What Is India News Service
Tuesday, August 2, 2011


North Indian Inscriptions




THIS copper-plate was found in the possession of Mr. Gambhirsingh Adesingh Parmar at the village Kalachhala near Karali, about 10 miles west of Chhota Udaipur, in the Bombay State. It was brought to notice by Mr. Amrit Pandya of Vallabh Vidyanagar, who published a transcript of the text, with a photo- lithograph and an eye-copy of the record, but without any translation, in the brochure New Dynasties of Gujarat History (1950), pp.12 ff. At my request, Mr. Pandya very kindly supplied me with a copy of the photograph from which the record is edited here, the original Plate being inaccessible to me.

The copper-plate measures 8" broad and 2" high¹, and is inscribed on one side only. It has a hole in the centre, at the bottom, for the ring which must have connected it with the other Plate or Plates of the set. The weight of the Plate has not been recorded. This is Plainly the first plate of a grant which seems to have been written on two or three Plates2, but the other plate or plates of the set are not forthcoming. The characters belong to the western variety of the southern alphabets and resemble those of the grants of Svāmidāsa and Bhuluṇḍa. The average size of the letters is .2". The letters have small knobs at the top. Many of them, e.g., n, p, m, p, r, v, ś and s, closely resemble those in the Indore Plate of Svāmidāsa. Worthy of note are the initial ī Which occurs in Iśvararāta, 1.I, I, The right limb of which is a straight vertical stroke, in kuśala-,1.4, and the elongated subscript v in =sarvvān=, 1.2. The language is Sanskrit, and the extant portion is wholly in prose. The orthography shows the usual peculiarity of the reduplication of a consonant after r; see =sarvvān=, 1.2.

The plate refers itself to the reign of Īśvararāta. He bears no royal title; but like Svāmidāsa, Bhuluņḍa and Rudradāsa, he is described as Parama-bhaṭṭāraka-pād-ānudhyāta‘meditating on the feet of the Great Lord’. This Plainly indicates that like them, he was a feudatory chief who owed allegiance to some unnamed suzerain. The close resemblance in characters and wording3, which the present grant bears to those of the Mahārājas Svāmidāsa, Bhuluṇḍa and Rudradāsa, suggests that Īśvararāta flourished in the 4th century A.C., and that his suzerain was some king of the Ābhīra dynasty.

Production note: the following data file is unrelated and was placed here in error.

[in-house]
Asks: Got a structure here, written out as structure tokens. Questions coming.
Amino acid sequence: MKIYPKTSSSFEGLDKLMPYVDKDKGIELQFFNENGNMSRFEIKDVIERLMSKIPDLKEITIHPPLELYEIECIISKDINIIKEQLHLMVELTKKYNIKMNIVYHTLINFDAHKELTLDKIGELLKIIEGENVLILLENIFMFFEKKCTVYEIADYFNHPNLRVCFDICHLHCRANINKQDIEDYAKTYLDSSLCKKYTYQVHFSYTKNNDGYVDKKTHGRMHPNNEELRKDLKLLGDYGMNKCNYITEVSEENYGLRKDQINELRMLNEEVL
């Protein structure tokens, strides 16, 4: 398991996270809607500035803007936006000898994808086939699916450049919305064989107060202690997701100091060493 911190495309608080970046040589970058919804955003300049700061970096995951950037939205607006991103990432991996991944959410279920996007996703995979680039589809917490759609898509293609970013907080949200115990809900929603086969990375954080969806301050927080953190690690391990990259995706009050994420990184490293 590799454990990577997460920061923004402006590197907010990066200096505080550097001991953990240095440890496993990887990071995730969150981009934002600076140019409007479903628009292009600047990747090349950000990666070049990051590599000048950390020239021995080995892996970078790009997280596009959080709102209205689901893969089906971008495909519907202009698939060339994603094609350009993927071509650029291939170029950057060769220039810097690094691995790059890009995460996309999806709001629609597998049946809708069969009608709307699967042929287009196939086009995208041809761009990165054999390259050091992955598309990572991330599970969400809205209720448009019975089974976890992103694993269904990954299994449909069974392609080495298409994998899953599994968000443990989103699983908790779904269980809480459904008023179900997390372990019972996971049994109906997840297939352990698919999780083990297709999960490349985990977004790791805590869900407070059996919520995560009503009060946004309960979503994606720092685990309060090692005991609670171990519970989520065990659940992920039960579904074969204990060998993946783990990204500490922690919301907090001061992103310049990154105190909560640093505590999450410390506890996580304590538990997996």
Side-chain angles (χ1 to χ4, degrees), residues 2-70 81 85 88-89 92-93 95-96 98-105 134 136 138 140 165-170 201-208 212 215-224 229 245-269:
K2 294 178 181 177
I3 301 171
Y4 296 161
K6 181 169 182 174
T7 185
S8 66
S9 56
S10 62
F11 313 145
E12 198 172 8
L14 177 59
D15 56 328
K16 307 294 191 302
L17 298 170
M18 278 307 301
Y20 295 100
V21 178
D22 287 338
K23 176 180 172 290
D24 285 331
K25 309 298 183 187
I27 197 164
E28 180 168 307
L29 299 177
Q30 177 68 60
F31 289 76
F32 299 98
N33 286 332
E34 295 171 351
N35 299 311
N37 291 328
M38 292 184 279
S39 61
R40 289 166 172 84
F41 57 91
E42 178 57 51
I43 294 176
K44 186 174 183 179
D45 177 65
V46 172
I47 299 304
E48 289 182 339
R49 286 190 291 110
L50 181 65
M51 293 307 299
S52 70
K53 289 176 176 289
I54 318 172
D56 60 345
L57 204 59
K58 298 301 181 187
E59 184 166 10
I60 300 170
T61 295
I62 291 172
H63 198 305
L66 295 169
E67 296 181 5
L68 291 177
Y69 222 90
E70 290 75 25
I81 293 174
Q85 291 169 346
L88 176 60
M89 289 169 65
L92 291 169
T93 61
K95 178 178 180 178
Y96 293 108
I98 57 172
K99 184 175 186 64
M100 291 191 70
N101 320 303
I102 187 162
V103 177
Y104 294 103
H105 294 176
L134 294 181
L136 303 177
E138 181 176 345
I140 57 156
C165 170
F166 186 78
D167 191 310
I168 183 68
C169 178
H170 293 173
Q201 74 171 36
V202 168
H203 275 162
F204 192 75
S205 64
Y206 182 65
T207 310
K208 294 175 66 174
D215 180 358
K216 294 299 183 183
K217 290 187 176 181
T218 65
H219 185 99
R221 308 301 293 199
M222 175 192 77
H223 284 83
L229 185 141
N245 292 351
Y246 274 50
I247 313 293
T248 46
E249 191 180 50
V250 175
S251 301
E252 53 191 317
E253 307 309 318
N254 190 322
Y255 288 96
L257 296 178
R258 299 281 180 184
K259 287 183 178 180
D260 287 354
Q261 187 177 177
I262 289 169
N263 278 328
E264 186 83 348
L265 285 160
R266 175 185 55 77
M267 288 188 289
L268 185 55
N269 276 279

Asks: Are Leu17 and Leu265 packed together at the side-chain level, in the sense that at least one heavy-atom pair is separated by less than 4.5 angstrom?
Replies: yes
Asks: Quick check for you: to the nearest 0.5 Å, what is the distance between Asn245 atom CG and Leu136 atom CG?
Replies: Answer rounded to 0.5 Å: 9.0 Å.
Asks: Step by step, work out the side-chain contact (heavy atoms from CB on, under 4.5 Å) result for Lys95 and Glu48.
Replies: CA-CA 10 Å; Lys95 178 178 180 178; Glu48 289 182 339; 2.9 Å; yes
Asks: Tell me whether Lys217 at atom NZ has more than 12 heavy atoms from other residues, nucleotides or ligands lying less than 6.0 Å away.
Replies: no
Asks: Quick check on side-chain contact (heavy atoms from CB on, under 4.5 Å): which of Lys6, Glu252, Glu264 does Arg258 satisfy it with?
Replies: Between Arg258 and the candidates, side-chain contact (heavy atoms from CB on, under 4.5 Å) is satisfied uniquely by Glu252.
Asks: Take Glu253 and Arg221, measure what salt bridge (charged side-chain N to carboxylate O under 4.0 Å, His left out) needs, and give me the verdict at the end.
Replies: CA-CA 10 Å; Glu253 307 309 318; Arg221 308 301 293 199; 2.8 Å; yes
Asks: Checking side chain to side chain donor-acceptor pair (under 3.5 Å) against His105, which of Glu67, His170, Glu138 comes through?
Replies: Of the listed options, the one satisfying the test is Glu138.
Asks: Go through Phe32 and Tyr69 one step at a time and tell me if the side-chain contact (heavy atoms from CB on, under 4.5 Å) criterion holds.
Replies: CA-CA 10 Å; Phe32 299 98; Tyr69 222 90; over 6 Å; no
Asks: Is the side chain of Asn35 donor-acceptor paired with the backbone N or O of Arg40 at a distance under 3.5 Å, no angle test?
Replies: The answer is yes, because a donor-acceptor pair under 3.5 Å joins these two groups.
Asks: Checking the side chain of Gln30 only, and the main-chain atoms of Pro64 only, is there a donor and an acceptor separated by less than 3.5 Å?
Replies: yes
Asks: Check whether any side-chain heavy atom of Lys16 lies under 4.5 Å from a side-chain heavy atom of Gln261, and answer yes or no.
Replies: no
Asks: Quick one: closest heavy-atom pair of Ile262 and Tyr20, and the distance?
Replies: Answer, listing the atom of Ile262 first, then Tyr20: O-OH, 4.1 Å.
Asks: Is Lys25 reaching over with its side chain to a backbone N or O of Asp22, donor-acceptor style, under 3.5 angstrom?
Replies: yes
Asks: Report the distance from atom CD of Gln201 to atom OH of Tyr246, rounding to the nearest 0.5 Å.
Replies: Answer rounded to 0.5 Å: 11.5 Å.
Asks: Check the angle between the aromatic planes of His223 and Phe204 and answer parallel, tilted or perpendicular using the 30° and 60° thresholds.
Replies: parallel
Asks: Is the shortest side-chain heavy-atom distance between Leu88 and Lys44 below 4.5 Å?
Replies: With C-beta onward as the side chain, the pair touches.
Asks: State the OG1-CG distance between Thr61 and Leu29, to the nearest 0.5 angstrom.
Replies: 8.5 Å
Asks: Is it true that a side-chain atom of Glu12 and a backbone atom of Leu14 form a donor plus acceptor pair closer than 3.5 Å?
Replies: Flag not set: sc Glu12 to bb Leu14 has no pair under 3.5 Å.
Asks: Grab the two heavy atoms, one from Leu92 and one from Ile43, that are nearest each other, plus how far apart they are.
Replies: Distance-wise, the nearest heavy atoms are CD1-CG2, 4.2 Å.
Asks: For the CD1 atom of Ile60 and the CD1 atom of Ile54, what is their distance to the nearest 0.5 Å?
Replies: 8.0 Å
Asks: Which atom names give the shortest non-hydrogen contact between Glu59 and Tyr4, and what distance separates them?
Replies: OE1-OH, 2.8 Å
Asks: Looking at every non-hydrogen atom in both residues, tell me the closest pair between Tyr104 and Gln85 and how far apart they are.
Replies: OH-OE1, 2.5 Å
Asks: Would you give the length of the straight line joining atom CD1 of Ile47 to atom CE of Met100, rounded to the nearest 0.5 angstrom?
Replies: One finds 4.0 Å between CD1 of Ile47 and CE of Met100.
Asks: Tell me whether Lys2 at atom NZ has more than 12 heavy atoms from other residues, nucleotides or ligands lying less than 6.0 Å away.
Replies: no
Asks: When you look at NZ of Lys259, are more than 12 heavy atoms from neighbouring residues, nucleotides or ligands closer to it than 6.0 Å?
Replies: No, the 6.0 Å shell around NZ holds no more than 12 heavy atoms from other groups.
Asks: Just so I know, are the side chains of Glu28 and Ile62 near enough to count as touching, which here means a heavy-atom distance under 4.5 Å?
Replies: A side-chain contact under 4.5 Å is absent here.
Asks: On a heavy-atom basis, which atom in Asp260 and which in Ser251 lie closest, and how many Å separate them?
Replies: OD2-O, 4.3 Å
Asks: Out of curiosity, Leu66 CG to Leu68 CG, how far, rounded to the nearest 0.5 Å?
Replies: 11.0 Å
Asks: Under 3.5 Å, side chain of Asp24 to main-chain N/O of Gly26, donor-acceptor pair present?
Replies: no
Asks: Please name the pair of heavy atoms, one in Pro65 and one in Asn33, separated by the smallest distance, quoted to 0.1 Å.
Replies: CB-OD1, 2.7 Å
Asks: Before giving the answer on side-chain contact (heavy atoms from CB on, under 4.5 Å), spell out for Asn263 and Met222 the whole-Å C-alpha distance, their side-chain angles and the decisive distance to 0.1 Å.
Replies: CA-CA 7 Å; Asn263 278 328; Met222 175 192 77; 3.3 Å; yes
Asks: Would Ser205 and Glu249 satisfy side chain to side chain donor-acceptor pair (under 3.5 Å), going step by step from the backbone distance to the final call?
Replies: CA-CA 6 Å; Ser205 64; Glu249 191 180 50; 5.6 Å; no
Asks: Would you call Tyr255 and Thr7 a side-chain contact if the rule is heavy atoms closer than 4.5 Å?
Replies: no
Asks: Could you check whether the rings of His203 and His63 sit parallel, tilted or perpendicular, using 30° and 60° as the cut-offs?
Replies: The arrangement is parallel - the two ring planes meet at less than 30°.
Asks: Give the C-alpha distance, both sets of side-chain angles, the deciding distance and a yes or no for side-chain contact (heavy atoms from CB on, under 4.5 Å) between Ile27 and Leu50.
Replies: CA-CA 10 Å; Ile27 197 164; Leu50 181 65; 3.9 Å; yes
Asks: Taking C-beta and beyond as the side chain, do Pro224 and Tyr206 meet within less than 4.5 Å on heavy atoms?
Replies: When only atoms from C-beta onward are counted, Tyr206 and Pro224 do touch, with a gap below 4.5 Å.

The plate was issued from the place Prachakāśā. The royal order is addressed to the officers ,Āyuktas, Viniyuktas, Kumārāmātyas, Uparikas, Dāņḍikas, Daņḍapāśikas, those in charge of elephants, horses and men, chāṭas and bhaṭas as well as to the residents of the village Kupikā, headed by the Brāhmaņas. The village was situated in the territorial division (paṭṭa) Vaṅkikā. The record ends here abruptly. All other details such as the name of the donee, the object and the occasion of the grant are, therefore, lost. Any date which it may have contained at the end is also unfortunately lost. It may have been recorded in the so-called Kalachuri era.

As for the localities mentioned in this grant, Prachakāśā may be identical with PraKāsha on the Tāpī, 10 miles south by east of Talōdā, as has been suggested.4 Vaṅkikā, the

1 Pandya gives the size as 8" by 3", this seems to be incorrect, judging by the published facsimile in his book.
2 The second plate of the set is said to have taken away by one Mr. Bechar Tadavi, but it could not be procured for decipherment and publication.
3 There are, in the margin, traces of some letters which may be of the sign-manual of the donor.
4 New Dynasties of Gujarat History, p. 12. The photograph reproduced here as well as the lithograph in Pandya’s book shows some creases.


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